Well, it turns out that inflammation is associated with depression. Specifically, in a recent prospective observational trial, rising levels of CRP had a linear relationship with increased risk of hospitalization due to psychological distress and depression (JAMA Psychiatry. 2013;70(2):176-184).

In other words, compared to levels of less than 1 mg/L, those who were 1 to 3 mg/L, 3 to 10 mg/L and greater than 10 mg/L, had increased risk from 30 percent to 84 percent to 127 percent, respectively. This study involved over 70,000 patients.

 

What can be done to reduce
inflammation?

This is the key question, since we now know that hsCRP is associated with systemic inflammation. In the Nurses’ Health Study, a very large, prospective observational study, the DASH diet decreased the risk of both heart disease and stroke, which is impressive. But for this article, in regards to hsCRP, the DASH diet decreased the levels significantly, which also was associated with a decrease in clinically meaningful endpoints of stroke and heart disease (Arch Intern Med. 2008;168(7):713-720).

The DASH diet is nutrient-dense with an emphasis on fruits, vegetables, nuts, seeds, legumes and whole grains and de-emphasis on processed foods, red meats, sodium and sweet beverages.

 

Conclusion

As the evidence shows with multiple diseases, hsCRP is a very valuable nonspecific biomarker for inflammation in the body.

To stem the effects of inflammation, reducing hsCRP through lifestyle modifications and drug therapy may be a productive way of reducing risk, slowing progression and even potentially reversing some disease processes.

The DASH diet is a very powerful approach to achieving optimal levels of hsCRP without incurring potential side effects. This is a call to arms to have your levels measured, especially if you are at high risk or have chronic diseases such as heart disease, diabetes, depression and autoimmune diseases. HsCRP is a simple blood test with easy-to-obtain results.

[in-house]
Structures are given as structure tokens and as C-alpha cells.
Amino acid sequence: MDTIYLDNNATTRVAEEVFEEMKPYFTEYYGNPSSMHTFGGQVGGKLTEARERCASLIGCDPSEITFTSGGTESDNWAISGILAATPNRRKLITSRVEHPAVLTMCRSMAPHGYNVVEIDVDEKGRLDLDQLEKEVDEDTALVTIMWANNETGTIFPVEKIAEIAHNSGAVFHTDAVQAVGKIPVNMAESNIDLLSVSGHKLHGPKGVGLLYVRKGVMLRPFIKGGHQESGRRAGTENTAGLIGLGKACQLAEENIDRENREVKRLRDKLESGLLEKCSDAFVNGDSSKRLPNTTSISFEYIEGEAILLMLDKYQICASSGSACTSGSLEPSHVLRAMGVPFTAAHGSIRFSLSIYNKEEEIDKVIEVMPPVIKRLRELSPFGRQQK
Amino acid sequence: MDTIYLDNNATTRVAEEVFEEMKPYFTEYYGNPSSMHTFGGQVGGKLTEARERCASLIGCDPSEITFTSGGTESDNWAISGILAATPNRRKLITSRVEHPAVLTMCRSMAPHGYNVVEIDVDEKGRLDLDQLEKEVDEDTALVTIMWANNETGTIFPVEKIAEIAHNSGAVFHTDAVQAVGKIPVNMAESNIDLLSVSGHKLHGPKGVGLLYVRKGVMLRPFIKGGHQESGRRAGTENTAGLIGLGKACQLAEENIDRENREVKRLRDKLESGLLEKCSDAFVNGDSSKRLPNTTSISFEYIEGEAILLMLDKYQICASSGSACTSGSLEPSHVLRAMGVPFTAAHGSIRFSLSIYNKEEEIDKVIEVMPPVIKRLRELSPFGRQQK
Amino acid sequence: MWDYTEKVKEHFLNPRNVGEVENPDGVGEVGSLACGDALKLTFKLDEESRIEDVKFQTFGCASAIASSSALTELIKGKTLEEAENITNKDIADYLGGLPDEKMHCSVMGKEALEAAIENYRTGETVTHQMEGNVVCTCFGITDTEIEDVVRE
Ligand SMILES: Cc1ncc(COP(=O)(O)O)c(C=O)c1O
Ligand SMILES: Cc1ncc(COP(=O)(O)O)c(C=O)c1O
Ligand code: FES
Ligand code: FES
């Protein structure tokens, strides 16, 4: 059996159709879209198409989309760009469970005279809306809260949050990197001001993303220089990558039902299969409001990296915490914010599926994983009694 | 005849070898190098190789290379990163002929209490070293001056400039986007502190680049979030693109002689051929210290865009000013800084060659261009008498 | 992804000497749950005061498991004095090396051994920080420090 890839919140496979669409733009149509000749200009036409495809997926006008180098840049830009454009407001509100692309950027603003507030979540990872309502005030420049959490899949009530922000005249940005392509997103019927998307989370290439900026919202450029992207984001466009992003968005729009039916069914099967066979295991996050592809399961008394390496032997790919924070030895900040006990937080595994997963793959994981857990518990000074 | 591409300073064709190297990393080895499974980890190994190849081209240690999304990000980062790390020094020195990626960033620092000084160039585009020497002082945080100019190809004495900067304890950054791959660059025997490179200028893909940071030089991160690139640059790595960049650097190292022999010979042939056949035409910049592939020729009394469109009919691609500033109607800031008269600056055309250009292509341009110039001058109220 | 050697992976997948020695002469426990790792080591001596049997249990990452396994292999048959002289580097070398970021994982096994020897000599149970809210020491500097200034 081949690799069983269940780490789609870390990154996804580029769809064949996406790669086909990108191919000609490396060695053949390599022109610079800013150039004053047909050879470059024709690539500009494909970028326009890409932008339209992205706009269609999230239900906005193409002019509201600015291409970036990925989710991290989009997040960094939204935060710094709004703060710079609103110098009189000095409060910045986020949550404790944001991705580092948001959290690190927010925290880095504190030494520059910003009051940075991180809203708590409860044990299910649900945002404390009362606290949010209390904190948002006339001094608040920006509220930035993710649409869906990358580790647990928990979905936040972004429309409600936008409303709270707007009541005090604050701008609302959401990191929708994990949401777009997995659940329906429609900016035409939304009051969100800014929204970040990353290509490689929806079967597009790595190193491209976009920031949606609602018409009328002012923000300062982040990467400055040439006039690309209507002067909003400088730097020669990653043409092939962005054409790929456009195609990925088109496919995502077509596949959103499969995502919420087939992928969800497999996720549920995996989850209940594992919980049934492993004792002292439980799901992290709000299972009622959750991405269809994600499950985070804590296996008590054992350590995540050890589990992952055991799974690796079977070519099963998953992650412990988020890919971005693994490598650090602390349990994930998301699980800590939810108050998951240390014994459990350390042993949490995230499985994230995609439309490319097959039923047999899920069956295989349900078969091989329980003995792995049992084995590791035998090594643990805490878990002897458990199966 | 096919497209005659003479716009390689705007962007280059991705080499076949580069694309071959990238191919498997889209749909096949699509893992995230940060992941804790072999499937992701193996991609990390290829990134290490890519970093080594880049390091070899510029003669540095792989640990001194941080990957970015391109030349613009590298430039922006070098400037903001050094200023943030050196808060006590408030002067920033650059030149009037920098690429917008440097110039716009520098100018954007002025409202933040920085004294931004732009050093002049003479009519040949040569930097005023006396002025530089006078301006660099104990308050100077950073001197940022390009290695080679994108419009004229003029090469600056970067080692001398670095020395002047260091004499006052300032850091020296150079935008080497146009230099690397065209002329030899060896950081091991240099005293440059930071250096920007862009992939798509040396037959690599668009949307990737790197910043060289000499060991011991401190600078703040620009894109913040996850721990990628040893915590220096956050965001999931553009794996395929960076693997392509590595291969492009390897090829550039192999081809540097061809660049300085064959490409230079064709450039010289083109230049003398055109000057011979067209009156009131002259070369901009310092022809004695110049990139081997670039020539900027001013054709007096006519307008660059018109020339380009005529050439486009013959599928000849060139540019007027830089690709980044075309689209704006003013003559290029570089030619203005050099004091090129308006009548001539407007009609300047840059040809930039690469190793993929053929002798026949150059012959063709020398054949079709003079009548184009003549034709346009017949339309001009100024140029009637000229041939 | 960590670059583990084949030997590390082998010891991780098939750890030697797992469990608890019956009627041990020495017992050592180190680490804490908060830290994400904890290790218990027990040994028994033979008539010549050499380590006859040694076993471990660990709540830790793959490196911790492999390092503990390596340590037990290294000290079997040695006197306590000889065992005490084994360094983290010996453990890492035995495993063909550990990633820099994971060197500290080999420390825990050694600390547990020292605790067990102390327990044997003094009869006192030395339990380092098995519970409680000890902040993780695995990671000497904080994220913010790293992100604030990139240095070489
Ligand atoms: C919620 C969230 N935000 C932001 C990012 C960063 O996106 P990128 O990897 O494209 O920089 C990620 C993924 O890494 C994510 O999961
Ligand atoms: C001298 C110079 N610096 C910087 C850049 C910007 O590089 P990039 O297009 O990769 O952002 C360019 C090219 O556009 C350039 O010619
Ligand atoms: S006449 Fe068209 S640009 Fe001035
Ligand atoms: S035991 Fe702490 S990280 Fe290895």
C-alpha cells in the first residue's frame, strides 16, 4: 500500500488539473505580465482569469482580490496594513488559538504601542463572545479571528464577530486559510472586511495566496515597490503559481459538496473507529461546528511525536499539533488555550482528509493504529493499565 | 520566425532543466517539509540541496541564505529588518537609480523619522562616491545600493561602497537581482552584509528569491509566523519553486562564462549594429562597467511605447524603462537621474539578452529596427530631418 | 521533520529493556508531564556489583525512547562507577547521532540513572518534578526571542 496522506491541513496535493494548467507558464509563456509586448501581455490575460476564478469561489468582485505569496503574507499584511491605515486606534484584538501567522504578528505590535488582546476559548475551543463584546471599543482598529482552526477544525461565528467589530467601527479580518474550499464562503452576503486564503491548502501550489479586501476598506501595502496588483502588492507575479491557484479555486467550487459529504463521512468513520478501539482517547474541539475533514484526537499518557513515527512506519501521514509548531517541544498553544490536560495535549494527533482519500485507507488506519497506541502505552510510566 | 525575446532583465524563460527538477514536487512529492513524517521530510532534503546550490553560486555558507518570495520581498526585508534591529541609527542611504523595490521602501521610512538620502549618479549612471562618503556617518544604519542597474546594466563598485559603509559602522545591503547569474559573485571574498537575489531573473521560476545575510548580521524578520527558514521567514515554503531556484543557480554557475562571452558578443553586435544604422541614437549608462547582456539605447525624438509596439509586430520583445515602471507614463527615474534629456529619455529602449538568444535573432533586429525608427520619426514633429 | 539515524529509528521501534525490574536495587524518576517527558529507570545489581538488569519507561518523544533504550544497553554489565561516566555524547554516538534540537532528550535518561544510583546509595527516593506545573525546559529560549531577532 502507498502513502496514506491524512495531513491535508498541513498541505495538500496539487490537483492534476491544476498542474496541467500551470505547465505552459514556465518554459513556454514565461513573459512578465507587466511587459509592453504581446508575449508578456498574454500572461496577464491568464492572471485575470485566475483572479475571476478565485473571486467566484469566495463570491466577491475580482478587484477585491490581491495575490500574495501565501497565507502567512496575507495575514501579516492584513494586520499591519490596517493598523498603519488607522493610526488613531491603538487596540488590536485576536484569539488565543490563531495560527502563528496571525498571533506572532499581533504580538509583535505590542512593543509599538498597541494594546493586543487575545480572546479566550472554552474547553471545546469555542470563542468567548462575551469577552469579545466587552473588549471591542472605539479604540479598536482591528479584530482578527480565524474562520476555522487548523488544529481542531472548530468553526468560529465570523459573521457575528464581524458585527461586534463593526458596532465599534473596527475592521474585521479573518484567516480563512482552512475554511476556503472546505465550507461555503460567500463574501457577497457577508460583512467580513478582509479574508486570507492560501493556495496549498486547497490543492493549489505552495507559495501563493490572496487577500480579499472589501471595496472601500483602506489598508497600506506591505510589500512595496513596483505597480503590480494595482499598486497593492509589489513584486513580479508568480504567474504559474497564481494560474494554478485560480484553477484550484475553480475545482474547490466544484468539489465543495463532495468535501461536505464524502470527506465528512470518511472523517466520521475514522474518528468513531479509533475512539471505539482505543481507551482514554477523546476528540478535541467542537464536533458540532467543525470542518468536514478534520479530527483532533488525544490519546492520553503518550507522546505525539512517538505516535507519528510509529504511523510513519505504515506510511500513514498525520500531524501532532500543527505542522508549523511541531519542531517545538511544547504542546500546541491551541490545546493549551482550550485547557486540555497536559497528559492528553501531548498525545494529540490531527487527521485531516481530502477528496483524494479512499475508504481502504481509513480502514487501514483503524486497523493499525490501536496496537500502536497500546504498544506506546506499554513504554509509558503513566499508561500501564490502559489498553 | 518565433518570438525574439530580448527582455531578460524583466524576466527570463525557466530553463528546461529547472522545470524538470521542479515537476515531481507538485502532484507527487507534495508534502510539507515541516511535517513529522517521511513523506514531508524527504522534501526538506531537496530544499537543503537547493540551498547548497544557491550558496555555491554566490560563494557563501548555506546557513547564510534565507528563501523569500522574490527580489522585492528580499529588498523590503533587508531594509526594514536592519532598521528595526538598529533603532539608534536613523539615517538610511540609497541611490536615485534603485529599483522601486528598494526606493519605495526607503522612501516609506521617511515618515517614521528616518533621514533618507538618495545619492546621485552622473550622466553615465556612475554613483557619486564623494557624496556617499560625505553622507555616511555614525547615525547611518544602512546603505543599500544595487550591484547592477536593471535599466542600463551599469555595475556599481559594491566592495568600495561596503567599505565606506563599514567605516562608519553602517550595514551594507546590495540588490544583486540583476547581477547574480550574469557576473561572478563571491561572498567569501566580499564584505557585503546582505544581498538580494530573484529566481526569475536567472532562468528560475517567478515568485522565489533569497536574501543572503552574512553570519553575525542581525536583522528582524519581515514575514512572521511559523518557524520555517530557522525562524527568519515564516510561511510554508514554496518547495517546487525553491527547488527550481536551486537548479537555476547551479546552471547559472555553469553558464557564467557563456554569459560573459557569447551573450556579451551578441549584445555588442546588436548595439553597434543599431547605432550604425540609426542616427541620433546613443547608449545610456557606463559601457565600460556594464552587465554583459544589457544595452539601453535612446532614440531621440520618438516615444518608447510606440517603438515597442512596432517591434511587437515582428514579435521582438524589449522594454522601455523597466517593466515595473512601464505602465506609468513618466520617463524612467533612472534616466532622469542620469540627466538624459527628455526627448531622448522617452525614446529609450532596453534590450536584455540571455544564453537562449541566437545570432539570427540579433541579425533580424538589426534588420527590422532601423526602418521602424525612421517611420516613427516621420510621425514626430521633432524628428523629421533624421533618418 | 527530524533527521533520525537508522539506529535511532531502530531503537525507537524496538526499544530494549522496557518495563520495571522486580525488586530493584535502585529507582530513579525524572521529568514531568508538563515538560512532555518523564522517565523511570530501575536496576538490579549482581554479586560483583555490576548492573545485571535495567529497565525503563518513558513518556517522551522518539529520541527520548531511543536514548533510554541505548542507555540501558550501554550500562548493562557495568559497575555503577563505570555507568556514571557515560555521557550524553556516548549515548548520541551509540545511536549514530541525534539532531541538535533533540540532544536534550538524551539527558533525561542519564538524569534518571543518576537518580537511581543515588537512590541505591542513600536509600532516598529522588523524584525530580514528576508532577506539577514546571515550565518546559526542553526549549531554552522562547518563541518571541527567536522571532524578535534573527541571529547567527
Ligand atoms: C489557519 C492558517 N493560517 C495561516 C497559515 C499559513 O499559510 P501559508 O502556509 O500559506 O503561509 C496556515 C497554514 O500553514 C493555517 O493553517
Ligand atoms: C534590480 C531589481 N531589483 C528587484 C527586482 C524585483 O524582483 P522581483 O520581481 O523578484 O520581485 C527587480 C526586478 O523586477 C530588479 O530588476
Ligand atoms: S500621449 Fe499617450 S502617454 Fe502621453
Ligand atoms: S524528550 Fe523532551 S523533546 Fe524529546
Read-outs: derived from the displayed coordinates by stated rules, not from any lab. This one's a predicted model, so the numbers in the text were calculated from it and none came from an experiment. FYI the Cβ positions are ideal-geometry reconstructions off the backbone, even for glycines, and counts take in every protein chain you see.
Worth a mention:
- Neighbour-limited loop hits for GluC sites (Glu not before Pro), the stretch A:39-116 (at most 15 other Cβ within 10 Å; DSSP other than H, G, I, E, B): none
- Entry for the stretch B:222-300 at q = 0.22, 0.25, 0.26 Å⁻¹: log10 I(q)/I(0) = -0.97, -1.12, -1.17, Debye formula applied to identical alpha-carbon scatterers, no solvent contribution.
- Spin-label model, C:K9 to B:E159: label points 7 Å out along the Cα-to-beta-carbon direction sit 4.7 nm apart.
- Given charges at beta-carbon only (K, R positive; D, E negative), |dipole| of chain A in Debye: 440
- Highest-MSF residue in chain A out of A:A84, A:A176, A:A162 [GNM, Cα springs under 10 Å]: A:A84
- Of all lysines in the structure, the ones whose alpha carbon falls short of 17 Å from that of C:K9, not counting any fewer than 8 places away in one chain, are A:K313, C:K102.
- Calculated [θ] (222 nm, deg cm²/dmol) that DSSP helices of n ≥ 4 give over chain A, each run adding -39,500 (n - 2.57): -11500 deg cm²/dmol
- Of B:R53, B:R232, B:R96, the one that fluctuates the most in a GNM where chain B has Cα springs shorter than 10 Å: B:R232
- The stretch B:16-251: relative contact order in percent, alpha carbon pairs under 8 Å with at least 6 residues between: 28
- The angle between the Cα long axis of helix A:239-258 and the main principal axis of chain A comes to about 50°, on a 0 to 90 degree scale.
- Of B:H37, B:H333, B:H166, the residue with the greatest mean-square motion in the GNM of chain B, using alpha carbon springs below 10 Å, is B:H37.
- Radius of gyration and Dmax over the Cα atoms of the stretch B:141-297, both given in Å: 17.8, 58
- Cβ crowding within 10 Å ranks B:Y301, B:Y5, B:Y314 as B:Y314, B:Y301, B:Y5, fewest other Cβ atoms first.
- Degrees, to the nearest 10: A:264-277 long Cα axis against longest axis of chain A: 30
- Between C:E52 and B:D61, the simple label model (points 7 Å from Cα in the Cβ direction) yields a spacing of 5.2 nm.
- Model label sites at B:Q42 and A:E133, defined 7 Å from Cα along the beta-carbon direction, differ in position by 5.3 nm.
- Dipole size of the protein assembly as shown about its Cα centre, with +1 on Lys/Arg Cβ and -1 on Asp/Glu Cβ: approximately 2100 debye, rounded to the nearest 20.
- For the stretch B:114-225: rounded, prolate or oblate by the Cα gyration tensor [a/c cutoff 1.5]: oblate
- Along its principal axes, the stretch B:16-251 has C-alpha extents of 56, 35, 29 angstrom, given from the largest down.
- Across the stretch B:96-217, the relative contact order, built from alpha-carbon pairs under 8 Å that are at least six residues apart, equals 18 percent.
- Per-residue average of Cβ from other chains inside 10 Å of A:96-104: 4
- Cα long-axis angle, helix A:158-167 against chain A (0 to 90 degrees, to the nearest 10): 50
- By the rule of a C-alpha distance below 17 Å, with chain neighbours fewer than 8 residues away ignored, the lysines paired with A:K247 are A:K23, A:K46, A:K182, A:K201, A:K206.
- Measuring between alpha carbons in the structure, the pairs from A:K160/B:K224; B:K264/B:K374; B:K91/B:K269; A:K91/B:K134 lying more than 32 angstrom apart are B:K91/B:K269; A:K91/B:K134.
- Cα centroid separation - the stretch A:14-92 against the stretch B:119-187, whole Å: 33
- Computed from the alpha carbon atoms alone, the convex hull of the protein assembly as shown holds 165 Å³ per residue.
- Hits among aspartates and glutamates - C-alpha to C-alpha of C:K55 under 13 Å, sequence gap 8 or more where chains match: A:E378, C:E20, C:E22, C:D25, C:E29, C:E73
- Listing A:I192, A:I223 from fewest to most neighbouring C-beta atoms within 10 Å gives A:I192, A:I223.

Dr. Dunaief is a speaker, author and local lifestyle medicine physician focusing on the integration of medicine, nutrition, fitness and stress management. For further information, go to the website www.medicalcompassmd.com and/or consult your personal physician.

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The effect is based on flavonoids in cocoa and chocolate

Valentine’s Day is one of the wonderful things about winter. For many, it lifts the mood and spirit. A traditional gift is chocolate. But do the benefits of chocolate go beyond Valentine’s Day? The short answer is yes, which is good news for chocolate lovers. However, we are not talking about filled chocolates, but primarily dark chocolate and cocoa powder.

The health benefits of chocolate are derived in large part from its flavonoid content — compounds that are produced by plants. These health benefits are seen in cardiovascular disease, including stroke, heart disease and blood pressure. This is ironic, since many chocolate boxes are shaped as hearts. Unfortunately, it is not necessarily the chocolates that come in these boxes that are beneficial.

Let’s look at the evidence.

 

Effect on heart failure

Heart failure is very difficult to reverse. Therefore, the best approach is prevention, and dark chocolate may be one weapon in this crusade. In the Swedish Mammography Cohort study, those women who consumed dark chocolate saw a reduction in heart failure (Circ Heart Fail. 2010;3(5):612-6). The results were on a dose response curve, but only to a point. Those women who consumed two to three servings of dark chocolate a month had a 26 percent reduction in the risk of heart failure.

For the dark chocolate lovers, it gets even better. Women who consumed one to two servings per week had an even greater reduction of 32 percent. However, those who ate more than these amounts actually lost the benefit in heart failure reduction and may have increased risk. With a serving (1 ounce) a day, there was actually a 23 percent increased risk.